with Dr. Bessel van der Kolk discussing The Body Keeps the Score!
I was privileged to be selected as a panelist in the Trauma Research Foundation’s Book Club Week 5 and Week 6 first ever Live Q&A with Dr. Bessel van der Kolk discussing his book, The Body Keeps the Score!
It was a thrilling and a deeply personal self-recognition building experience. I proudly represented Three and a Half Acres Yoga (THAY) practices as a teacher. I shared my experience of trauma-informed yoga as a support for reconnection to the body through observing sensations, noticing with curiosity, mindful awareness, and breath, and how this practice encourages a compassionate relationship to the body and oneself and to approach sensations with a curiosity rather than judgment.
Here are a few highlights:
In TRF Book Club: The Body Keeps the Score Week 5 we engaged in a discussion of Chapter 16: Learning to Inhabit Your Body: Yoga. What I learned from my THAY teacher training about the autonomic nervous system which when in balance helps us to reasonably respond to challenges from stress.
The autonomic nervous system is composed of the sympathetic nervous systems (SNS), where chemicals move from the brain to the body that signal the body to action and the parasympathetic nervous (PNS) system that supports functions like digestion. Heart rate variability or (HRV) helps to measure the balance between SNS and PNS. Yoga helps to support our breathing and therefore regulation of the HRV so we stay more in balance. How one breath can affect our moods, help us to stay calm and improve our stress responses to anxiety, anger and depression. This was a great reinforcement of THAY mindfulness practices of noticing the breath– our in breath and outbreath, not with any intention to speed up or slow it down but just through gentle observation.
At THAY, we remind our students that they are in charge of their own bodies, encouraging a self-led practice. I got to highlight the importance of having autonomy of your own yoga practice by listening to your own body in our Week 5 TRF Book Club discussion. As we know this approach helps build trust of your body and to do what is right for you; which is so important to us as survivors of trauma and fellow THAY trauma-informed practiced teachers to foster within our communities we teach.
As we move our bodies, creating shapes, pausing, observing our breath and taking notice of any sensations we do so with curiosity and compassion tuning into ourselves and practicing mindfulness. This approach to mindfulness encourages what Bessel van der Kolk in The Body Keeps the Score references from the Internal Family System (IFS) by Richard Schwartz as “mindful self-leadership” and “the foundation for healing from trauma.”
Panelists and participants in the online chat described approaches to yoga practice that can be supportive as well as those that can be harmful. This spoke to trauma-informed practices we learn in THAY about being sensitive to our populations with our language and to practice with awareness of what can be potentially triggering. Additionally, to focus on a practice which fosters inclusivity as an overly challenging practice can make it less accessible to a larger community level of participation.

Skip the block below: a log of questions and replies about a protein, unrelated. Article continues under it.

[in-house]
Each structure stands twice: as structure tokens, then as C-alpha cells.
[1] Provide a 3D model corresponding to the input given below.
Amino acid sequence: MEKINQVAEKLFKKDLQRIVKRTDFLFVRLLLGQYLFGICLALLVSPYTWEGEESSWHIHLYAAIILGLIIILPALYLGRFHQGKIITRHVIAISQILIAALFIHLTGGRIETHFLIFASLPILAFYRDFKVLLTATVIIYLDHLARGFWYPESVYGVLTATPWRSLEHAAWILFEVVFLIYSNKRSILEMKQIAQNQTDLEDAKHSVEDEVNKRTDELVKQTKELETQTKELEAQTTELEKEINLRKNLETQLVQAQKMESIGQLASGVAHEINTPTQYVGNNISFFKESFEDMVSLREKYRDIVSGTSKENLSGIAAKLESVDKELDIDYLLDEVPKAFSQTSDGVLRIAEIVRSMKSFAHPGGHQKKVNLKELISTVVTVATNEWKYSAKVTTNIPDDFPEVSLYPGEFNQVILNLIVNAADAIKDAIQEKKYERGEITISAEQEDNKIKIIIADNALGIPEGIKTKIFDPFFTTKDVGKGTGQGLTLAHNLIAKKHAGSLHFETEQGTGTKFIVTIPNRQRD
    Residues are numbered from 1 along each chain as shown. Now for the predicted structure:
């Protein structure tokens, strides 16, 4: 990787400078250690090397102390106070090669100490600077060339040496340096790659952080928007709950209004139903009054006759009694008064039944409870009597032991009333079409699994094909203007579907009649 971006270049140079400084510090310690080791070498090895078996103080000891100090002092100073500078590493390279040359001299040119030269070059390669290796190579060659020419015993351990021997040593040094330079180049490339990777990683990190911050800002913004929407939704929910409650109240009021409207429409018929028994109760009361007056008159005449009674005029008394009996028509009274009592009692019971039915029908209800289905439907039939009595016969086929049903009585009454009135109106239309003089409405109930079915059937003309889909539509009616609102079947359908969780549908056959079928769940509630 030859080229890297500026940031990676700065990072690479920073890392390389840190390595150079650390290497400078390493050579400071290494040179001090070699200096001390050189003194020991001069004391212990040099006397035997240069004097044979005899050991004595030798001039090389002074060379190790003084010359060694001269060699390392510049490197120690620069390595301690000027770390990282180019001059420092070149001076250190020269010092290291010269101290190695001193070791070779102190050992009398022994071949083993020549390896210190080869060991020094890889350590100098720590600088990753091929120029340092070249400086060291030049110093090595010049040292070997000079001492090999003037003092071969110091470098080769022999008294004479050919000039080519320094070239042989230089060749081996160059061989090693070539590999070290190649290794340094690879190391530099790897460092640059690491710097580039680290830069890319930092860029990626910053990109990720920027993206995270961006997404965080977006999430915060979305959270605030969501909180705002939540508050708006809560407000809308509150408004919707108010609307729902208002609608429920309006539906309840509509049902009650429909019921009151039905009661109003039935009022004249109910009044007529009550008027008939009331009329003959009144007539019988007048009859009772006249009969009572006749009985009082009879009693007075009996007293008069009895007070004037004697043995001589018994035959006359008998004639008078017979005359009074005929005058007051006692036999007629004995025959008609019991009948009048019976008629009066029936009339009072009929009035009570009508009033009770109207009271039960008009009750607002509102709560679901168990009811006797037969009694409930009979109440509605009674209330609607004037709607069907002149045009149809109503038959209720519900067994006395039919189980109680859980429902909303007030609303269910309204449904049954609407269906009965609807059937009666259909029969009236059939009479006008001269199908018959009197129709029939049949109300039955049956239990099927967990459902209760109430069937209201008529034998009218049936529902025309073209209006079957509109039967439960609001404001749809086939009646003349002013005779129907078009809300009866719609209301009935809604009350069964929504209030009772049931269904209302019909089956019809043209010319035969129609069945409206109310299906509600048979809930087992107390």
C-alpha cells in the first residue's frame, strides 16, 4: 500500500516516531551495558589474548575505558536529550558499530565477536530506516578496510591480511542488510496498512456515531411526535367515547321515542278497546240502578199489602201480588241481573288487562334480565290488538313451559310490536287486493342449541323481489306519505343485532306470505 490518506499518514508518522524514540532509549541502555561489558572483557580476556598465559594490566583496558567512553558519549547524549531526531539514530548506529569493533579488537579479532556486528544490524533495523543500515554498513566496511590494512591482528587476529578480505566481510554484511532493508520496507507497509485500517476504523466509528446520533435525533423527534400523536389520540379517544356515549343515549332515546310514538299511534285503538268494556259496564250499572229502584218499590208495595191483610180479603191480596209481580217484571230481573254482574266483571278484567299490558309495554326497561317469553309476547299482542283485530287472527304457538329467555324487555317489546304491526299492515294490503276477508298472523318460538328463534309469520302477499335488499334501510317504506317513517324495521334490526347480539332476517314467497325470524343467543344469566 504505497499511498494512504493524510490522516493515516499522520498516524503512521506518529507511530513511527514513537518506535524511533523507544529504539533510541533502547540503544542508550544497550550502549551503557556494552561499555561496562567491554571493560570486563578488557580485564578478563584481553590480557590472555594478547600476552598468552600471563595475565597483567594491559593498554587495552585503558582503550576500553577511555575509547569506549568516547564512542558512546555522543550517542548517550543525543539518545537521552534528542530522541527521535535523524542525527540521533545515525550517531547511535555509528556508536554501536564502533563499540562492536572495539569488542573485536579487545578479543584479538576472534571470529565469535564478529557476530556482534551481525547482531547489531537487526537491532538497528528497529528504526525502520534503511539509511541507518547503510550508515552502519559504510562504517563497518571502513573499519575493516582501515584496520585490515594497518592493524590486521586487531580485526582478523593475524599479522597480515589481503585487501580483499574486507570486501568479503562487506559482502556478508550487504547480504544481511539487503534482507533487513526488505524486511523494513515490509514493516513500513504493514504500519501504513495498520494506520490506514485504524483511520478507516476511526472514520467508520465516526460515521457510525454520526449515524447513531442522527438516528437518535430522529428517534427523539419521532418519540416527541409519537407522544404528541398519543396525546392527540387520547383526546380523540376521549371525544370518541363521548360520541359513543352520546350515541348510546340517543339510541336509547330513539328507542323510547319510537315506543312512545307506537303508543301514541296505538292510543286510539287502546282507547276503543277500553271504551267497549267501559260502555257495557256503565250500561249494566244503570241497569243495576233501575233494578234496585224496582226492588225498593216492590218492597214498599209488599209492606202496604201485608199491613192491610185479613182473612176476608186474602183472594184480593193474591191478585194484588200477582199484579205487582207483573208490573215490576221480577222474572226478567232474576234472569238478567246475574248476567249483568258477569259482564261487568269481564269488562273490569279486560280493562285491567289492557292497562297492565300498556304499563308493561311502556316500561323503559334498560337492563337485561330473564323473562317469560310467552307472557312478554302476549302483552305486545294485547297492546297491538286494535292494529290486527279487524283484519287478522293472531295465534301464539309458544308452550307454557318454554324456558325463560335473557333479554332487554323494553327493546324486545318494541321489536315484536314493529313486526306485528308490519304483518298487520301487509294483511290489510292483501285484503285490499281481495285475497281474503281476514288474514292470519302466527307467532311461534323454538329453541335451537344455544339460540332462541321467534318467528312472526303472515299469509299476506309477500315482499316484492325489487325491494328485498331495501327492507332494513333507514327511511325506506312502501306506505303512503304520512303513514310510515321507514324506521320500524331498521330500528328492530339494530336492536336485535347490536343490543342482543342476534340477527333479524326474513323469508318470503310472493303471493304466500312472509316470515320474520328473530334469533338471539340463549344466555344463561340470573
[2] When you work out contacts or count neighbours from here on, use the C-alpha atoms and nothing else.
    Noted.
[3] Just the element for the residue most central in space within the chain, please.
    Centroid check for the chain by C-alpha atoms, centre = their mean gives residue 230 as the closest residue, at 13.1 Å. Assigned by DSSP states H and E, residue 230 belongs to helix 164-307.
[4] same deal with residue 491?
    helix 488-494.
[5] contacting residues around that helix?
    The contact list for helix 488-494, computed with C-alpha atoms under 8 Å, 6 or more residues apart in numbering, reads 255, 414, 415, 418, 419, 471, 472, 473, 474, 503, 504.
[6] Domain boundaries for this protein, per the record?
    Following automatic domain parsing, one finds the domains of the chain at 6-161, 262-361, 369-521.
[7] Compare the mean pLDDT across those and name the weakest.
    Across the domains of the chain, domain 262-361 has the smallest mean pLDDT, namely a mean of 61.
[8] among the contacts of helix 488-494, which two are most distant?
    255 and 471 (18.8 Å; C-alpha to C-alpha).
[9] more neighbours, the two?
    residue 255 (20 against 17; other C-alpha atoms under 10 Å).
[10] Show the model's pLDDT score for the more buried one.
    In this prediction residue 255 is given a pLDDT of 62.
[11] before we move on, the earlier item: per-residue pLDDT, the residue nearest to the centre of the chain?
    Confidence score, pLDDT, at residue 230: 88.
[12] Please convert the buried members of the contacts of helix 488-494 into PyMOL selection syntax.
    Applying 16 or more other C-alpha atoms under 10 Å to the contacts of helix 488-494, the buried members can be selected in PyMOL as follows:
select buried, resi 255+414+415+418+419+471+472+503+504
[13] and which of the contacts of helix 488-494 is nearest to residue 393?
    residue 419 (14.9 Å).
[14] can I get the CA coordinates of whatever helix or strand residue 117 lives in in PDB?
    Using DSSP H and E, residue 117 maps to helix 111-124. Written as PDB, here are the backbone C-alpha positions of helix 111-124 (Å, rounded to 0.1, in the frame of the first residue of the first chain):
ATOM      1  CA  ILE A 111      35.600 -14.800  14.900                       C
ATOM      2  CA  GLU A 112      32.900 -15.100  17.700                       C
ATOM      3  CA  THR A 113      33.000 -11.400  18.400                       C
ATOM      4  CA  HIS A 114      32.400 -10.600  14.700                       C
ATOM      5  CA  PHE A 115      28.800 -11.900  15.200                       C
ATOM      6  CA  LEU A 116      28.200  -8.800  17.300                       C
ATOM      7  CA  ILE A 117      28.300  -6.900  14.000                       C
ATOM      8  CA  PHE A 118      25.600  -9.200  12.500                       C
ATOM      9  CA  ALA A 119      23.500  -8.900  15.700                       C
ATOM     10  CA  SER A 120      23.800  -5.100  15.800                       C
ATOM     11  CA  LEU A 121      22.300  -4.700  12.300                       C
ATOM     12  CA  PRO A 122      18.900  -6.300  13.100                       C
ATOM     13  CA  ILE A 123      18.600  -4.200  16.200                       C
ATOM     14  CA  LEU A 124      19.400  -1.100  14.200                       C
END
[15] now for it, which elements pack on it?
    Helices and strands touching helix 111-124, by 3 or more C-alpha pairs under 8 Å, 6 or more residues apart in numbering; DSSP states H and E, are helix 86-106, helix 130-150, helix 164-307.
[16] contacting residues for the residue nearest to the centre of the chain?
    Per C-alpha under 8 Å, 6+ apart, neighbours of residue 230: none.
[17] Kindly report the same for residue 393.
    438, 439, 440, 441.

We also spoke about recognizing people’s experiences of trauma and the discomfort of what can happen to people. When we tell our own story of how we came to THAY and the disadvantaged communities we serve, we educate society and shape the social media discourse on yoga and the need for mental health services.
Your trauma-informed practices with THAY can be advocacy to increase society’s awareness and help shift the paradigm of yoga to include these practices as mainstream. We can also get involved within community organizations and institutions leaders who bring together clinicians, researchers, educators, such as with the Trauma Research Foundation and participate in social media by listening to people tell their stories through podcasts, writings within the larger public discourse on trauma and related fields.
The final TRF Book Club: The Body Keeps the Score Week 6 was a Live Q&A with Dr. Bessel van der Kolk discussing The Body Keeps the Score! It was such a thrill to be included and hear his honest and reflective thoughts. I was given a beautiful question to ask: Question 3: “What are the most vital things we can practice when we have a loss of self in both mind and body?” he shared,
“Our sense of self is a sense of body self. How do we get a sense of agency in our body?”
He went on to cite examples like boating, playing tennis, or doing yoga. For more see here.
TRF Book Club: The Body Keeps the Score
Visit the Trauma Research Foundation to learn more about the organization and their work. They have plenty of free online learning opportunities that I am taking advantage of to continue to learn, study, and become more educated to support my trauma-informed practices.
Safara Fisher: Senior Teacher, THAY
The Body Keeps the Score is referenced in the THAY Service and Trauma-Sensitive Yoga Training and is applied in my teaching. As a person living with a chronic digestive dis-ease for 20 years, she is aware of her bodymind, physical illness and trauma connection.This book supports her with theory, science and practices for recovery from trauma. It is Safara’s intention that in her work, she may serve and represent the diversity of racial and cultural community of yogis and promote inclusivity.